This character is usually in their early 30’s. Often tattooed, like the class previously listed, the designs usually aren’t of the same as the Liberated Youth. Common sleeve themes include but aren’t limited to: skulls, flames or seemingly random numbers in slot machine font. They are AVID participators in class discussions but always find a way to weave the conversation into marijuana legalization, “the man” or a story about them getting arrested. Having one of these guys in your class can help keep your attention on an originally boring story, but having two is even better! They will either team up against the professor or take each other on head to head in an extrapolated argument using excessive hand gestures and large vocabulary.
Note: DO befriend this guy, chime with their debates and ask about the name tattooed on their throat but DO NOT participate in a group project with them.
6. The boy and girl who look like they could be related but kind of flirt also
Not until midway through the semester will you discover these two but their conversations will have become a nuisance to the rest of the class. It’s then that you really look at them and start to see that they look slightly similar. This far into the course, the teacher usually only calls out the students by their first names during role so you can’t catch the dead giveaway that these two share DNA strands. Cases like this will not cause you a lot of stress but might be recalled in the back of your mind when you hear them whisper throughout the remainder of the semester. If curiosity should continue, DO NOT ask them their relation as they might see it as highly offensive. Instead, simply follow them after class. From a distance watch to see if they leave together or part ways by kissing on the lips…usually (and hopefully) a sign they aren’t related.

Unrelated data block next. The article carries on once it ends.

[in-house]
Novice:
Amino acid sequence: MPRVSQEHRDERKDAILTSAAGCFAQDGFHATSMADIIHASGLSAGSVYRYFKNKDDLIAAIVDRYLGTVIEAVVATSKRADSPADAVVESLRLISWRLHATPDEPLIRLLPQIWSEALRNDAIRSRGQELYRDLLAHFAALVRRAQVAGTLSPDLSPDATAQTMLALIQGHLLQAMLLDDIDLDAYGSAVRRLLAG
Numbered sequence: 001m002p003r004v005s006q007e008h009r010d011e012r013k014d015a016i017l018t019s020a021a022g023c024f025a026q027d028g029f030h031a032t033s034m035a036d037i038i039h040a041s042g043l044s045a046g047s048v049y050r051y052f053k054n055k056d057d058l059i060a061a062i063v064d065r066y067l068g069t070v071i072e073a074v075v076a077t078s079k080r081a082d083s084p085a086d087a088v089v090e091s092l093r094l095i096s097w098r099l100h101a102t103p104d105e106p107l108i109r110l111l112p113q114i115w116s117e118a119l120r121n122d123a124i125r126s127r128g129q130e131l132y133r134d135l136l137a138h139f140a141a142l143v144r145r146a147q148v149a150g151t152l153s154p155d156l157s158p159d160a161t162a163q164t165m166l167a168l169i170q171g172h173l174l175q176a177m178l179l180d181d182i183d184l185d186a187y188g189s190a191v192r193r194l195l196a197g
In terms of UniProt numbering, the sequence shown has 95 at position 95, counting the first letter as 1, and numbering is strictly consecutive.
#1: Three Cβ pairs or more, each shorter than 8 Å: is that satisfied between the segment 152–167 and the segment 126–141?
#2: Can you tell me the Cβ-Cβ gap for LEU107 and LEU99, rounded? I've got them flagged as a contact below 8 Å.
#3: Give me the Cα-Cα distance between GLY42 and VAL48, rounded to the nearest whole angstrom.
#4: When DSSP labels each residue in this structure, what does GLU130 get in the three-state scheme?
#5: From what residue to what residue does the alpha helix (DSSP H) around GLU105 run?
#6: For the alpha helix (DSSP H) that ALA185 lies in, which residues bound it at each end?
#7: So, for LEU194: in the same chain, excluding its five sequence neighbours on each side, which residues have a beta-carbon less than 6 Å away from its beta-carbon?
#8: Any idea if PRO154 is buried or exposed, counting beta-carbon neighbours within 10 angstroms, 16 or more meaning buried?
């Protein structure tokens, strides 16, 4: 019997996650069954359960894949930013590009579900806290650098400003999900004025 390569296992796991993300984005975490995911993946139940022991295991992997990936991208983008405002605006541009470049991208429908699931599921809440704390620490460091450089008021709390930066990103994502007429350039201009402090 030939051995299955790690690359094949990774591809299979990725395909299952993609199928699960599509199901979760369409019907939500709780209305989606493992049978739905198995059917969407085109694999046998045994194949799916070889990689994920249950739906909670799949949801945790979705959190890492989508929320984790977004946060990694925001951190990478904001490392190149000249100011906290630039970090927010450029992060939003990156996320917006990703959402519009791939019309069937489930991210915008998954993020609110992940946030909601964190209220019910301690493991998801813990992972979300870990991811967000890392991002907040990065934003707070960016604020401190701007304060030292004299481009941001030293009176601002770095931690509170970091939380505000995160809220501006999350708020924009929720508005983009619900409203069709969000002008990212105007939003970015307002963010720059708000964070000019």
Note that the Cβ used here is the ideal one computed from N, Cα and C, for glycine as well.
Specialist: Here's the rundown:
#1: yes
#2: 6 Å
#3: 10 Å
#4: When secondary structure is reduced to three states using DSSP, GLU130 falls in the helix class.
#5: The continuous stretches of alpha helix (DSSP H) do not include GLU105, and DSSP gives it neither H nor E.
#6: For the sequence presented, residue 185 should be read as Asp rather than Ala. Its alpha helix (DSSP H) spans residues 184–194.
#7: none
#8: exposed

7. Finally middle aged mom
-Many mothers go back to school either for fun or to obtain a degree in hopes of furthering their career. While having a friendly mother in the class you are assured to be able to find a mini stapler when an essay is due and the document you printed up is mysteriously unattached as you pull it from your binder. This unfortunately is one of their few redeeming qualities. While rarely whispering to their neighbors, they notoriously feel the need to chime in on the professor’s lectures with personal stories. Since they are closer (or higher) in age as the professor, they think themselves as the instructors friend. Often their extra information will connect to their children and their former schooling years which they address as “When I was first in school…” Other recurring disruptions that have been documented come from violently flipping through binders (they are religious note-takers) or from interesting nokia ringtones going off that they forget to silence.